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Improving immunotherapy for Alzheimer’s Disease - determining the role of effector function in the clearance of plaques and neuro-inflammatory response

Improving immunotherapy for Alzheimer’s Disease - determining the role of effector function in the clearance of plaques and neuro-inflammatory response
Improving immunotherapy for Alzheimer’s Disease - determining the role of effector function in the clearance of plaques and neuro-inflammatory response
Alzheimer’s Disease (AD) initially presents as episodic memory loss, followed by severe cognitive deterioration leaving a patient unable to complete daily tasks. Current therapies for AD are ineffective and can only manage the symptoms in the short term, none can modify the progression of disease. The devastating impact of the disease and the world’s ageing population make the development of new therapeutics an urgent unmet clinical need. One of the hallmarks of AD, still used to formally diagnose the disease, is the accumulation of the protein amyloid beta (A?) as extracellular deposits called plaques. Immunotherapy is a promising strategy for the treatment of AD, as antibodies directed against A? are able to successfully clear plaques and reverse cognitive deficits in transgenic mouse models, and now to a certain extent in humans. One issue has been the development of dose limiting side effects in the brain, where clearance of A? is associated with damage to the cerebral vasculature. It is though that these side effects are due to a neuro-inflammatory response, mediated by the activation of Fc gamma receptors (Fc?Rs) by anti-A? antibodies. Therefore engineering of therapeutic antibodies to reduce Fc?R affinity may prevent these side effects from occurring. The role of Fc?Rs in the clearance of A? and the neuro-inflammatory response to immunotherapy has not been thoroughly investigated.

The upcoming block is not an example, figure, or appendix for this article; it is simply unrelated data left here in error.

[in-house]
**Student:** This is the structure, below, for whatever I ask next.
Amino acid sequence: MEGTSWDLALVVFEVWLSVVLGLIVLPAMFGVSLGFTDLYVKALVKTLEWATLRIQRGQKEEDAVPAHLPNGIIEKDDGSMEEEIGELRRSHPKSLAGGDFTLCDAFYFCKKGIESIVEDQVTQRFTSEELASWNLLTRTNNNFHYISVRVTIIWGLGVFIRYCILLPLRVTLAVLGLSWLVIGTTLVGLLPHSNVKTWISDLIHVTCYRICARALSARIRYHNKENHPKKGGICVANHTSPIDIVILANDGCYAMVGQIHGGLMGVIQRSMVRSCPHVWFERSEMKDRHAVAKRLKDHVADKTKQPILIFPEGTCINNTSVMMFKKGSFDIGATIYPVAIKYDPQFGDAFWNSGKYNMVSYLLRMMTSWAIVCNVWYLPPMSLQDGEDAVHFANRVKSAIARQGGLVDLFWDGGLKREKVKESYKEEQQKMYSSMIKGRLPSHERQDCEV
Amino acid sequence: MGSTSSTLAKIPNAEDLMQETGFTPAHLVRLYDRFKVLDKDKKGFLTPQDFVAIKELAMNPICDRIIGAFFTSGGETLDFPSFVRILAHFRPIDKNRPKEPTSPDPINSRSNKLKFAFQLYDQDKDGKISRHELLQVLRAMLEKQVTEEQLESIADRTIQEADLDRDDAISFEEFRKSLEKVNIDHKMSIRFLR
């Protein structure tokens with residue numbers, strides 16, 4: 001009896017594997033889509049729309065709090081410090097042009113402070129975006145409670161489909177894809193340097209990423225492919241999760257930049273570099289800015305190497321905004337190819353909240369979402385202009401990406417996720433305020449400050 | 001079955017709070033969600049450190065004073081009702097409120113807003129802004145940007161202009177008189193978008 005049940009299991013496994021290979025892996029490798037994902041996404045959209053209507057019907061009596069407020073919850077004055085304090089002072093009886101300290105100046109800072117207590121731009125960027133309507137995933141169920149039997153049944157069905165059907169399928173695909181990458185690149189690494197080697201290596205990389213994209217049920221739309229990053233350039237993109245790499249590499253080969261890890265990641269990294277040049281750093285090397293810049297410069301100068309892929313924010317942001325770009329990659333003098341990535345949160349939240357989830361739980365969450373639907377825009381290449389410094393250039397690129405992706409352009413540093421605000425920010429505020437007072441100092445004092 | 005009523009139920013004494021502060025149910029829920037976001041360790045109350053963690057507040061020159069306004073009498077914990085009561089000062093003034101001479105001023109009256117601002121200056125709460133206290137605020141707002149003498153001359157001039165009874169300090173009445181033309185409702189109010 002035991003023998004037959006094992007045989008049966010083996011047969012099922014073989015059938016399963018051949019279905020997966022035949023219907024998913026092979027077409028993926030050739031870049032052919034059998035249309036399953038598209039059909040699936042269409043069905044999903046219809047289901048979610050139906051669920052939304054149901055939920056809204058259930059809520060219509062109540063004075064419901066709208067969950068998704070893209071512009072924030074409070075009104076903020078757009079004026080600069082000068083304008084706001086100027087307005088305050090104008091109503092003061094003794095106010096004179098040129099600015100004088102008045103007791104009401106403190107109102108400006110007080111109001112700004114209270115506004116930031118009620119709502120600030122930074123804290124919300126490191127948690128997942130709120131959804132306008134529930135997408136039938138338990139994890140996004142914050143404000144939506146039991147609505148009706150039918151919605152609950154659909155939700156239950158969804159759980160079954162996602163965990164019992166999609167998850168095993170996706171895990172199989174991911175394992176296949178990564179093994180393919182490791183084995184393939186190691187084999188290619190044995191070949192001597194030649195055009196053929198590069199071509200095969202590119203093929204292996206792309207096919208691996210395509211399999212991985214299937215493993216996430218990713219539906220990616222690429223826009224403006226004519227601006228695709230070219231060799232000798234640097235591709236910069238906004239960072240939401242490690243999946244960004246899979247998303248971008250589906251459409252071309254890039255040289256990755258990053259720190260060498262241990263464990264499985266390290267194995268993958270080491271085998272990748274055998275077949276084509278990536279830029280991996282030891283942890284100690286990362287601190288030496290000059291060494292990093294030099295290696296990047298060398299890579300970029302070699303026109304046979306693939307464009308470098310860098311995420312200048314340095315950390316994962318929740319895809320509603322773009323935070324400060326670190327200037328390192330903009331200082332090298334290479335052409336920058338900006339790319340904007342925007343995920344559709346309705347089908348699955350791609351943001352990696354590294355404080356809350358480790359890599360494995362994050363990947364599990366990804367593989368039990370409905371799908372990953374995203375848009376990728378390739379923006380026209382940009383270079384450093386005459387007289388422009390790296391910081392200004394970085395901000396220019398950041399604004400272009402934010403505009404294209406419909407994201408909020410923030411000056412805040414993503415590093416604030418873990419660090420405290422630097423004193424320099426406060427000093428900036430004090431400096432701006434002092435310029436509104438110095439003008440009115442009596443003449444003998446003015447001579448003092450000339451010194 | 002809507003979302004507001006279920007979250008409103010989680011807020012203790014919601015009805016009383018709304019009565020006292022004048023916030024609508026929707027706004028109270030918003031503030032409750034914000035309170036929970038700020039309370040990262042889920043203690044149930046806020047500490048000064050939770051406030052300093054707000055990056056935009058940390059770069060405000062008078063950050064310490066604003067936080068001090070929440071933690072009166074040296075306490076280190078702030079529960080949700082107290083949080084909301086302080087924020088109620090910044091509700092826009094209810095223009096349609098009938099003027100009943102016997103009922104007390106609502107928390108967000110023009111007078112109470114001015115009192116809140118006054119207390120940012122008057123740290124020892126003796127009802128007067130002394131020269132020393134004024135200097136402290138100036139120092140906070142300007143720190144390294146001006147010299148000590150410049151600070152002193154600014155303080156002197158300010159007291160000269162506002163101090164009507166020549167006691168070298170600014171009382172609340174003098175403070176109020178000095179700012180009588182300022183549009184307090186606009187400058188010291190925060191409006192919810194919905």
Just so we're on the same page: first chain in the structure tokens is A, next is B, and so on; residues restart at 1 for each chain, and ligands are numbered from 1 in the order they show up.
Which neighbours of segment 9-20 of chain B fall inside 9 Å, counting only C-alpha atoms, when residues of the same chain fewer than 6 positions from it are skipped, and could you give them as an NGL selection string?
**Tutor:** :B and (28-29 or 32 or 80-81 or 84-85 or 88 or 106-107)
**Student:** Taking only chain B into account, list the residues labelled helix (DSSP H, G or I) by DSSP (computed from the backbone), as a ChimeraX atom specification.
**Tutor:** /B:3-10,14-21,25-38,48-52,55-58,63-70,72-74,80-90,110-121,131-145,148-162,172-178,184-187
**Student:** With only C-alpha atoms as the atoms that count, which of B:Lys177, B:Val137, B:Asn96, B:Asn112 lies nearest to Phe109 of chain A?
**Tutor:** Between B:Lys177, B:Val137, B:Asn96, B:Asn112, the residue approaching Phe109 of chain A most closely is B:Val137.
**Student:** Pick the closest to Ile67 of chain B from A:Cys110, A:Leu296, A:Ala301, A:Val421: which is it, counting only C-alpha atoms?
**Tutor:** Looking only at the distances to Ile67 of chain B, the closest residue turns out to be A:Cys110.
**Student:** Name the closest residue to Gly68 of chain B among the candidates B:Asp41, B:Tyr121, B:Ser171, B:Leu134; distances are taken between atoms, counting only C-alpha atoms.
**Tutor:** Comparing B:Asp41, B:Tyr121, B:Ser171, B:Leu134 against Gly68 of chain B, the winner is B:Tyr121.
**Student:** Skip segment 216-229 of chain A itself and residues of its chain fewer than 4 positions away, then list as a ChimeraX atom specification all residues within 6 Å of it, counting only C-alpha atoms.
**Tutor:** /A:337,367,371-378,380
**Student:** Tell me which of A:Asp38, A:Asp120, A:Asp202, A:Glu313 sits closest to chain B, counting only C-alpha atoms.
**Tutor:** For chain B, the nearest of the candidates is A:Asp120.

The role of antibody effector function in the clearance of plaques and the associated neuro-inflammatory response was investigated by the generation of murine anti-A? antibodies with different constant regions, IgG1 and IgG2a, which have different Fc?R affinities. These antibodies were administered to transgenic mice via intracerebral and systemic injection, and the neuro-inflammatory response and clearance of A? was measured. The potential for systemic inflammation to affect the response to antibodies was investigated by the infection of transgenic APP mice with the bacterium Salmonella typhimurium, measuring the expression of activating Fc?Rs in the brain and vascular changes following infection.

I found that 3 factors that may impact on the ability of anti-A? antibodies to clear plaques and the strength of the neuro-inflammatory response. The effector function of antibodies is important, as antibodies with the more pro-inflammatory IgG2a constant region, were better at clearing plaques and caused more neuro-inflammation than the same antibody with an IgG1 constant region. The antibody binding specificity was also important; antibodies binding to the N-terminus of A? were better at clearing plaques and caused more inflammation than those binding to different regions. Finally we propose that the inflammatory state of the brain could determine the response to immunotherapy, as I show that peripheral infection is associated with enhanced activating Fc?R expression in the brain.
Fuller, James Peter
15c13e9b-7764-4a1a-879b-893aba7e4201
Fuller, James Peter
15c13e9b-7764-4a1a-879b-893aba7e4201
Teeling, Jessica
fcde1c8e-e5f8-4747-9f3a-6bdb5cd87d0a